This enactment requires telecommunications service providers to put in place and maintain certain capabilities that facilitate the lawful interception of information transmitted by telecommunications and to provide basic information about their subscribers to the Royal Canadian Mounted Police, the Canadian Security Intelligence Service, the Commissioner of Competition and any police service constituted under the laws of a province.

That was the summary in Bill C-74, which was introduced by the Liberal Party. I also have a copy of Bill C-416, also introduced by the Liberal Party.

Does the hon. member not understand that the problem people have with the Liberal Party is that it continues to flip and flop? It has no interest in public safety. Its only interest is scoring cheap political points on the backs of Canadians' safety. I wonder if he could comment on the differences between the two bills when they were introduced and whether the party at that time sent the bill directly to committee so that all parties in the House could have input. Is he instead doing the same Liberal thing, flipping and flopping to try to score some stupid political points on the backs of Canadians' safety?

Criminal CodeGovernment Orders

January 29th, 2008 / 5:10 p.m.
See context


Alan Tonks Liberal York South—Weston, ON

Mr. Speaker, when I listen to the discussion which has gone on with respect to this bill, one thing occurs to me. We have all had experiences. My colleague from the Bloc talked about his experience with the truck and the tires. He found that he was totally accountable and, beyond belief, had a blot on his credit rating and a number of other implications.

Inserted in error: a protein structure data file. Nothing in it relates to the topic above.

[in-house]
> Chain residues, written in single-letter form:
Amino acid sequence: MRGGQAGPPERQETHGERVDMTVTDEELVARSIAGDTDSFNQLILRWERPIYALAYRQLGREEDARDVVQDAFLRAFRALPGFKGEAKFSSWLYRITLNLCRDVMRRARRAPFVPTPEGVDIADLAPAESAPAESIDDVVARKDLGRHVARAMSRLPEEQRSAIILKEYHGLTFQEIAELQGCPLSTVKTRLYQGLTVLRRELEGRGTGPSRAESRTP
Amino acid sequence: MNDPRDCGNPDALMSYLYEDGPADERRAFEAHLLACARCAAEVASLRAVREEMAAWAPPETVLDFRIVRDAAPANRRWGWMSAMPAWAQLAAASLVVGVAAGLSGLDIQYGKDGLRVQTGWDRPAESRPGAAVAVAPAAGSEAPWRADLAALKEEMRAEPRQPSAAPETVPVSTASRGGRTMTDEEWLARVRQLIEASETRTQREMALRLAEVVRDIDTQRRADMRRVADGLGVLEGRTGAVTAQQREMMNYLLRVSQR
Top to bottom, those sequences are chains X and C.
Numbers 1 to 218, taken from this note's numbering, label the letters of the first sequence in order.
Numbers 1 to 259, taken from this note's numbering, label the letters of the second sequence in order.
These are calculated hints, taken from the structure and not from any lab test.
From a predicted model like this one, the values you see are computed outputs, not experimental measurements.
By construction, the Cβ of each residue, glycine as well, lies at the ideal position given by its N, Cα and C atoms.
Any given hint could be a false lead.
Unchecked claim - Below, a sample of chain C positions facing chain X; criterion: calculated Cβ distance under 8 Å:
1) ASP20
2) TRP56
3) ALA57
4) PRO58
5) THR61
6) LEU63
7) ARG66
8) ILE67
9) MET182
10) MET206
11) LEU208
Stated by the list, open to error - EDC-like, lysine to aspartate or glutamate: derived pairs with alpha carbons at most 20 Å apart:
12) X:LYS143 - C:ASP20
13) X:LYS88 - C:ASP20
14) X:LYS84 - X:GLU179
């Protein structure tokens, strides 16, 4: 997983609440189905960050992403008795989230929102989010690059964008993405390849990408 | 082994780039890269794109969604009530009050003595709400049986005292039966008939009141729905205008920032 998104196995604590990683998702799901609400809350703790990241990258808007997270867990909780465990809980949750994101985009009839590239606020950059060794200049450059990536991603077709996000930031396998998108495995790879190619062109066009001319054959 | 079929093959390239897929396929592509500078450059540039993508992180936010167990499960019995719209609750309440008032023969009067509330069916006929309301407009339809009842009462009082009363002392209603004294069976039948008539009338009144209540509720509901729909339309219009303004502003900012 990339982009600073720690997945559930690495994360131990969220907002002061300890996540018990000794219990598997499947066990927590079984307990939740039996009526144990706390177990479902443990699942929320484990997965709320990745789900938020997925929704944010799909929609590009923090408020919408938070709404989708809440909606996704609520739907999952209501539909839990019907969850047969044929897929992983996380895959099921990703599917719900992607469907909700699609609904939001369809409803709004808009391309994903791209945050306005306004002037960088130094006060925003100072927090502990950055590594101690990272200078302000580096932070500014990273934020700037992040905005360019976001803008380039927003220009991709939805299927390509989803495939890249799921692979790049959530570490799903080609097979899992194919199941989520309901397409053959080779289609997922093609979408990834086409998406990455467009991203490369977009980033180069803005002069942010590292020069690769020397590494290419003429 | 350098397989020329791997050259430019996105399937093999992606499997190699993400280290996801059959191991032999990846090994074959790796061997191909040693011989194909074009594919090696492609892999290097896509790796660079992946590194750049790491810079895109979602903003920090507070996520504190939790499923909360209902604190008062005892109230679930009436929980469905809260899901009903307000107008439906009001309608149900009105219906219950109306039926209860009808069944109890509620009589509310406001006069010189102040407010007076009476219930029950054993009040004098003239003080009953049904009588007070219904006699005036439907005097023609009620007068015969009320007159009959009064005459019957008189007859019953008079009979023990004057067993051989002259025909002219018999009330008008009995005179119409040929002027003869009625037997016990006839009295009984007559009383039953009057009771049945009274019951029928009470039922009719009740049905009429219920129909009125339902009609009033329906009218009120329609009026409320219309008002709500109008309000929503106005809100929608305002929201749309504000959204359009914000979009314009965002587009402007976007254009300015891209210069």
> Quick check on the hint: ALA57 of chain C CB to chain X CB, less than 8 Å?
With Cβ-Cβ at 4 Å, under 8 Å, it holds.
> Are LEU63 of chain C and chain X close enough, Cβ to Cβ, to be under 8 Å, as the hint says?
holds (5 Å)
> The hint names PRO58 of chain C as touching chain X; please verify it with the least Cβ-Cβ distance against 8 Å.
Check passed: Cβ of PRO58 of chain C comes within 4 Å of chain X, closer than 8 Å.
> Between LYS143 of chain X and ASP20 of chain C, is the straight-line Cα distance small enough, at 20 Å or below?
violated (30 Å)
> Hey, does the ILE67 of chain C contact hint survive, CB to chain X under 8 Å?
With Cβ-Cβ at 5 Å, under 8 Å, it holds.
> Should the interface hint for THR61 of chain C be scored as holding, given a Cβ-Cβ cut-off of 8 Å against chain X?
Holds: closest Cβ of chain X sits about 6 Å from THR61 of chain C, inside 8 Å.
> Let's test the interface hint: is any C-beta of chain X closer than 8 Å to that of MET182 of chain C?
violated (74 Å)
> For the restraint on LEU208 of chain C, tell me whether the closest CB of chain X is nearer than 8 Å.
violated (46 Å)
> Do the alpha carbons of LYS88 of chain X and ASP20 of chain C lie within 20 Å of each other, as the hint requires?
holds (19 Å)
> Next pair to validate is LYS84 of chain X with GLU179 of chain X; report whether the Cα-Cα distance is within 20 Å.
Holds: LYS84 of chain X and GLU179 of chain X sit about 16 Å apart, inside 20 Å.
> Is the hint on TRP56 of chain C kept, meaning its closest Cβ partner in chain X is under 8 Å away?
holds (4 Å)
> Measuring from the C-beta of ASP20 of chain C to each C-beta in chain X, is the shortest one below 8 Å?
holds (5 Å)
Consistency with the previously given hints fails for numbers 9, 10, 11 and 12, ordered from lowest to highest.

If were about that, in terms of protecting Canadians against that kind of impingement on their rights, it would be serious enough. However, I draw the attention of members to something that is far more serious than that.

In the last number of years, we have become profoundly aware of how criminal intent preys upon the vulnerable, such as the elderly in our societies. No more is it made graphically clear that criminal intent is accelerated by the complexities of establishing identities. In particular, if it is a stolen identity, it can even go so far as taking a person's residence, having it transferred into another name and selling that residence from beneath the feet of the persons who have lived in that home for probably 20 or 30 years.

Very recently there was a court case. An elderly citizen's spouse had passed away. He had lived in his home for over 50 years. He woke up one day to find the home was no longer his. All the history associated with his home, his relationship with his neighbours, his long-time commitment to the community meant nothing.